Once you make the important decision to localise your website for a foreign market, and select a provider to deliver the project, your work is not quite yet done. It’s equally important to identify which sections of the website should be included in the localisation project, not least from a budgetary perspective.
We usually advise clients who are embarking on their first localisation to omit the following sections:
– Meet the team, or equivalent
– All blog posts
The reason being that this type of contact can quickly become out of date, unless a strategy is in place to manage multilingual updates.
Some sections usually need editing before being localised, to remove any details specific to a domestic market. These include:
– About Us
– Contact us
The way to decide whether content is relevant for a particular market or not is to think “Do my international clients need or want this information?”. If the answer is no, then don’t localise it – you’ll save time and money, and your conversion rate will be higher because the content you’ve provided is targeted and relevant.
When it comes to localising a product catalogue for an ecommerce website, the best approach; and the one that will see the fastest return on your investment; is to select the best-selling products that have already done well in your domestic market, or in other overseas markets you already operate in. If you have conducted market research in the country you intend to target, this will also inform you as to which products will make for a successful launch in that market.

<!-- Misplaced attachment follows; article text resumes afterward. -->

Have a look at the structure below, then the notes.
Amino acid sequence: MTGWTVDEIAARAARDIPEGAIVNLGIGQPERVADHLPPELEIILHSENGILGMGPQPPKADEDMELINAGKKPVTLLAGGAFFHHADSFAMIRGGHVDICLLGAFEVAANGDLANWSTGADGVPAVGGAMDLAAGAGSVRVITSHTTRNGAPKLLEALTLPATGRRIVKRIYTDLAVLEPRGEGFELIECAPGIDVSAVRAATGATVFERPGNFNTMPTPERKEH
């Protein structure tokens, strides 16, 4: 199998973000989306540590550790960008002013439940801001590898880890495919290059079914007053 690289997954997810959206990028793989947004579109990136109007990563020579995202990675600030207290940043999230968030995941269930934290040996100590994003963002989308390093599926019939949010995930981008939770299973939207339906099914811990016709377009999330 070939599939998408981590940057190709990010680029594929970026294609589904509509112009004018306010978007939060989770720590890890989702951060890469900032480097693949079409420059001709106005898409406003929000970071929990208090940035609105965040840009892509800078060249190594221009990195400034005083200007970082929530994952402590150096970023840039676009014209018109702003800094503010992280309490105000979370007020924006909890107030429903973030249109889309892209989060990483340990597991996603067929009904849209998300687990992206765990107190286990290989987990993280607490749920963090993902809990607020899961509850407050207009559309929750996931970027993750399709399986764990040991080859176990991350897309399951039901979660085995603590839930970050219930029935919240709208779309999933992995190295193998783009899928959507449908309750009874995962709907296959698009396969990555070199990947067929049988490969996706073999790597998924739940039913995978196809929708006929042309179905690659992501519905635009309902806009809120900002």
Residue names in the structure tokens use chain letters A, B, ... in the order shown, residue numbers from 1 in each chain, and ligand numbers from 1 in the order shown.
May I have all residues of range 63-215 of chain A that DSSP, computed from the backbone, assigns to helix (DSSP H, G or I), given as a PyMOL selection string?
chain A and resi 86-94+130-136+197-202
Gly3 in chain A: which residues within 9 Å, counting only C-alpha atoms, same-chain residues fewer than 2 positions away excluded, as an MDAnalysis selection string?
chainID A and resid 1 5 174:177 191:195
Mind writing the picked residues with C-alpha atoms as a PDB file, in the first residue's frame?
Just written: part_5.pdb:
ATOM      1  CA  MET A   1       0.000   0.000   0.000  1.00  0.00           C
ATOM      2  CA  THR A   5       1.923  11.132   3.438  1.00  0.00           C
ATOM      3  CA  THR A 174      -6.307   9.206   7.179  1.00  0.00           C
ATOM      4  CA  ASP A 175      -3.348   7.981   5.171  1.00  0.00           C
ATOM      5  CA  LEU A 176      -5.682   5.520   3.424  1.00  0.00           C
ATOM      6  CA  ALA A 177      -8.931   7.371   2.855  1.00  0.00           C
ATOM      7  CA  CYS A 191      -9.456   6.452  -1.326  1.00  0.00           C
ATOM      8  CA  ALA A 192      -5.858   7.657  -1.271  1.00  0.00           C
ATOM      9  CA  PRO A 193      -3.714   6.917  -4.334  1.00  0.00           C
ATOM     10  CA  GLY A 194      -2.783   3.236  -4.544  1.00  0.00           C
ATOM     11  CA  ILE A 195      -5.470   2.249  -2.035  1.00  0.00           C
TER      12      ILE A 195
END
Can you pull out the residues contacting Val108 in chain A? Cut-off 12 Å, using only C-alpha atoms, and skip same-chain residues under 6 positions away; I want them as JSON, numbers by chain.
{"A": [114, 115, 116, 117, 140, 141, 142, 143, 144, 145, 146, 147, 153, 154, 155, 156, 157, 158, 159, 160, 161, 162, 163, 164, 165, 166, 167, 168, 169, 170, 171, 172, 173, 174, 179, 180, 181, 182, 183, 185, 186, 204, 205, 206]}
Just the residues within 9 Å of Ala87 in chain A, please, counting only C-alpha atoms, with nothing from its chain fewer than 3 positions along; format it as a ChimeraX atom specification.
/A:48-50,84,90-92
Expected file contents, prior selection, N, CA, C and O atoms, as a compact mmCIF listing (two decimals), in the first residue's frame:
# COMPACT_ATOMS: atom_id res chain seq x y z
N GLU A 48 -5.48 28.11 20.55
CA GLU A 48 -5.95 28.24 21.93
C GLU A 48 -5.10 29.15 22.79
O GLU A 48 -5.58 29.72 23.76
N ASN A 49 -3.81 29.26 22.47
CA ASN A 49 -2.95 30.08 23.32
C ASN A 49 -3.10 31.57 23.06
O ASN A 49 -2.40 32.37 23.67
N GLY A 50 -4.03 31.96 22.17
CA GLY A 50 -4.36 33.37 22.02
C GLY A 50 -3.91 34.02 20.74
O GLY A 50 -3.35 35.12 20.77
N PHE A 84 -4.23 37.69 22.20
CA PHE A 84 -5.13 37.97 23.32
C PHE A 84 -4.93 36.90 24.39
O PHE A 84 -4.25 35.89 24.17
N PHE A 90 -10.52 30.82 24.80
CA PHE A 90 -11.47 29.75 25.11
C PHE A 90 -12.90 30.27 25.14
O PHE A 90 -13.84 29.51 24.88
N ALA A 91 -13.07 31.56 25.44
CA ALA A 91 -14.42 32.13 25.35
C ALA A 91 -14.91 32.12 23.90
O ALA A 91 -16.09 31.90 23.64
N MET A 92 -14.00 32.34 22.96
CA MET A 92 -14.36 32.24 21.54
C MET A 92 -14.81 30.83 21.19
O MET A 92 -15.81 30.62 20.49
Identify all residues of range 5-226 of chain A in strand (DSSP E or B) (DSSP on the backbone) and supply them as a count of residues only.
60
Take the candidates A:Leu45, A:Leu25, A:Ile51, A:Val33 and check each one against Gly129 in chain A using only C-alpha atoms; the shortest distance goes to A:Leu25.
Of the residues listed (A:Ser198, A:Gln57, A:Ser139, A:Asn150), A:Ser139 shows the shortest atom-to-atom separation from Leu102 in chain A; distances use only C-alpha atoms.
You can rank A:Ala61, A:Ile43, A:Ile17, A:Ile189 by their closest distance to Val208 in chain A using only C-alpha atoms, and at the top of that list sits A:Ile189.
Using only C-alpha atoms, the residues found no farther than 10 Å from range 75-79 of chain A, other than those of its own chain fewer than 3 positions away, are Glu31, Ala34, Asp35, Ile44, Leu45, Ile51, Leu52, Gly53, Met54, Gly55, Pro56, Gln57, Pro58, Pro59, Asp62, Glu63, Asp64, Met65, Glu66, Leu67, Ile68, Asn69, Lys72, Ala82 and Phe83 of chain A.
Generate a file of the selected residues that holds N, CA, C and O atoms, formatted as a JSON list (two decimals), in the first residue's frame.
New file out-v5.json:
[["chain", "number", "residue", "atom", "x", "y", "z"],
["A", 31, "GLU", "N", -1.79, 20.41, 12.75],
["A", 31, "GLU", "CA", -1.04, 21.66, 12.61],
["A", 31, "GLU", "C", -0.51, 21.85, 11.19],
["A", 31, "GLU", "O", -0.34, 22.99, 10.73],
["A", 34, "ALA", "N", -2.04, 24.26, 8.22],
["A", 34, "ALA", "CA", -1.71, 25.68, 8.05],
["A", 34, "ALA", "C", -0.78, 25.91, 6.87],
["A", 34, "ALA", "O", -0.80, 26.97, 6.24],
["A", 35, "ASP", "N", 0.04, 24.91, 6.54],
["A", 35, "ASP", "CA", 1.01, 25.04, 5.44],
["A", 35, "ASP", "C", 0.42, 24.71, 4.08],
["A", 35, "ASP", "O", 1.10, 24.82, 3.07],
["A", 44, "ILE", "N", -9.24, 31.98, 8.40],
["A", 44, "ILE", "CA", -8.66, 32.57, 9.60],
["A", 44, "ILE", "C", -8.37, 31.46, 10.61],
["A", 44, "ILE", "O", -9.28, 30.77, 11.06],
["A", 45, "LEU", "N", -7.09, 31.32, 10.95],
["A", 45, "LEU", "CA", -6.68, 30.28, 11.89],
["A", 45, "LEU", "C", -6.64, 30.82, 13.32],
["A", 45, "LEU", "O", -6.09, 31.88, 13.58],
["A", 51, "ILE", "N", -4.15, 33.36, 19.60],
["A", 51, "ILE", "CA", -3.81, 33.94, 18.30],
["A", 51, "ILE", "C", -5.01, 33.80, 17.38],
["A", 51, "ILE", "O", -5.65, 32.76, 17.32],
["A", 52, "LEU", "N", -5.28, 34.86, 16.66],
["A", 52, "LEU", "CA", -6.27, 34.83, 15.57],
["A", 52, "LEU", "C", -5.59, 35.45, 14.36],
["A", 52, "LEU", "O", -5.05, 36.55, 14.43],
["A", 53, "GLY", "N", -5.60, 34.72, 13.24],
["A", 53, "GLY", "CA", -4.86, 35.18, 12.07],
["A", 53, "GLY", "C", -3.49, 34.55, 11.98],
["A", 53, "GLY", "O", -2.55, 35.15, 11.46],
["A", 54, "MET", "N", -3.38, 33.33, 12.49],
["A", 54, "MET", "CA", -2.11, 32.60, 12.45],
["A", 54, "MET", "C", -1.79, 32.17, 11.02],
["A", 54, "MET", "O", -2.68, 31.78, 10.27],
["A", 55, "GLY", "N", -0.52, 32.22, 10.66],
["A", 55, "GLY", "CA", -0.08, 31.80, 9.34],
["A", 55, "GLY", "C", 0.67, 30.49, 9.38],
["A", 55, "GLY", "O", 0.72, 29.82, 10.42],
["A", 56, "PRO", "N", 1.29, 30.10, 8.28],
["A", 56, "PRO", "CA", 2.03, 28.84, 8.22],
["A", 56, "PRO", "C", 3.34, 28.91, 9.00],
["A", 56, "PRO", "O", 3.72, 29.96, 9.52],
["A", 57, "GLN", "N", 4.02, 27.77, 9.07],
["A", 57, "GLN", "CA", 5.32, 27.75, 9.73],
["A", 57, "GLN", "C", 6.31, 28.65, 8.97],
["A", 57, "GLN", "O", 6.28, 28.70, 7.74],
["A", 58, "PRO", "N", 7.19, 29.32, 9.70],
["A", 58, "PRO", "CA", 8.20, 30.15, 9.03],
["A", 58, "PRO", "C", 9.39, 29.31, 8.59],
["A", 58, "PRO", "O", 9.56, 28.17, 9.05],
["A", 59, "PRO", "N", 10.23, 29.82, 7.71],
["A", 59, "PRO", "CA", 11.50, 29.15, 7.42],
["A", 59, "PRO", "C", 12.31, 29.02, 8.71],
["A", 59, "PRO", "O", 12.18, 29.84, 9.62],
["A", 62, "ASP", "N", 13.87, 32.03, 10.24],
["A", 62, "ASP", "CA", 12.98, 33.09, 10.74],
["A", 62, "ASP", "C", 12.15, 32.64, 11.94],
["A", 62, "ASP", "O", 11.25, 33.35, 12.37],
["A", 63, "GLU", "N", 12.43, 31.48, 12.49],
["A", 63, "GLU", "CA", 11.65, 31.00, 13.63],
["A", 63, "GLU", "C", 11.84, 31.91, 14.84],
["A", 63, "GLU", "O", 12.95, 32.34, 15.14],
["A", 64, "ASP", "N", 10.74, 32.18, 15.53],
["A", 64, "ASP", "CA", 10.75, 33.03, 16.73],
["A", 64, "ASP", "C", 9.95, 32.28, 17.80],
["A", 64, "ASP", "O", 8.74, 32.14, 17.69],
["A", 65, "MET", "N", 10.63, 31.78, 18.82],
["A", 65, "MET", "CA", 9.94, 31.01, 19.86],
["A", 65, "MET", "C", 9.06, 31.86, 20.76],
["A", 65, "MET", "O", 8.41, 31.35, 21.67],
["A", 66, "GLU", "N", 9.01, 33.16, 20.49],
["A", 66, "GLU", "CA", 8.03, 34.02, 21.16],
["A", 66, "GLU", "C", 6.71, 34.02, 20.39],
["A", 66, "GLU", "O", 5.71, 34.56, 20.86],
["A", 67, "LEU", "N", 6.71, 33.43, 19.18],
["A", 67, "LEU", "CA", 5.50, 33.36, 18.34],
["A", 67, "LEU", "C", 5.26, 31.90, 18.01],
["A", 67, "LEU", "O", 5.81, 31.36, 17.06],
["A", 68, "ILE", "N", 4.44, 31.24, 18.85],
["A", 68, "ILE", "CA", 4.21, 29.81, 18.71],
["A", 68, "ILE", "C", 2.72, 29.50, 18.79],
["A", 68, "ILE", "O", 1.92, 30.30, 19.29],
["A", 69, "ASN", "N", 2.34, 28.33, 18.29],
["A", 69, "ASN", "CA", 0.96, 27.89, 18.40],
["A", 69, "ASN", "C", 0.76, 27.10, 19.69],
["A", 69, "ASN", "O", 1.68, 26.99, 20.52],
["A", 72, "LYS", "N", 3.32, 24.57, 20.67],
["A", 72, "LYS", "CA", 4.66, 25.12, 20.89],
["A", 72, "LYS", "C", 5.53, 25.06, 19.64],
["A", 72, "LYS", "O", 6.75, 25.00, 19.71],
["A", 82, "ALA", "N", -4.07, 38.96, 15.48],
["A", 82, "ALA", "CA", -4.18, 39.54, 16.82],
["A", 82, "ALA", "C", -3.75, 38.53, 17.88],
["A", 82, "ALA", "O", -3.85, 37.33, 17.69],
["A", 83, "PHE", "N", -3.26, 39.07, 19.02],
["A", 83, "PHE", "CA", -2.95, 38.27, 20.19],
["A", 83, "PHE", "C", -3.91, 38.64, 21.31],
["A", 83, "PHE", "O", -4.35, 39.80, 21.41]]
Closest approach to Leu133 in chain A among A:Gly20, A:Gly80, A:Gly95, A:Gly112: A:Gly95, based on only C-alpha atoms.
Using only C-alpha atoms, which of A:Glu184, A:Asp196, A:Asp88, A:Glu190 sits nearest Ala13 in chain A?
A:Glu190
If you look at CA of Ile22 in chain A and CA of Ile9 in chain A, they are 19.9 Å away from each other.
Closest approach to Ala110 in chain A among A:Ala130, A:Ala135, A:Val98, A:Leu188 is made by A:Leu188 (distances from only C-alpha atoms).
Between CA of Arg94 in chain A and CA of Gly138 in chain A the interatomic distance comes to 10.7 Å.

By launching a select range of carefully chosen products in a new target market, you can measure the performance of the localised website over the course of 3 months, and then decide whether to add any more products, or make any other changes.
When managing a global web presence, there are some things you should always localise when creating a multilingual site.
- File and directory names: Label files and pages with meaningful names in the target language. This will help your SEO and enable your visitors to navigate easily. A multilingual-compatible content management system should allow this.
- Page titles and metadata descriptions: These should describe the page content and be keyword-rich in order to improve your page ranking in search engines.
- Images: Images need to be culturally sensitive. In-country managers will be able to advise on what is appropriate for their market.
To make the best impression; whether you’ve opted for a one-page “Welcome” site with a contact form, or a more comprehensive website with your 50 best-selling products; is to remove any content that is not localised. Leaving text in English looks unfinished and messy – your audience won’t know whether it’s deliberate, and will feel that they are unimportant to your company.
It’s also good practice to label any links so that your international visitors don’t arrive on English content unexpectedly. Managing their expectation in this way will result in visitors staying twice as long on your site, and they will be more likely to make contact with you.
For more tips and advice on localising your website, please get in touch: sales[at]web-translations[dot]co[dot]uk/ +44 (0) 113 8150460.
1 December 2011 09:44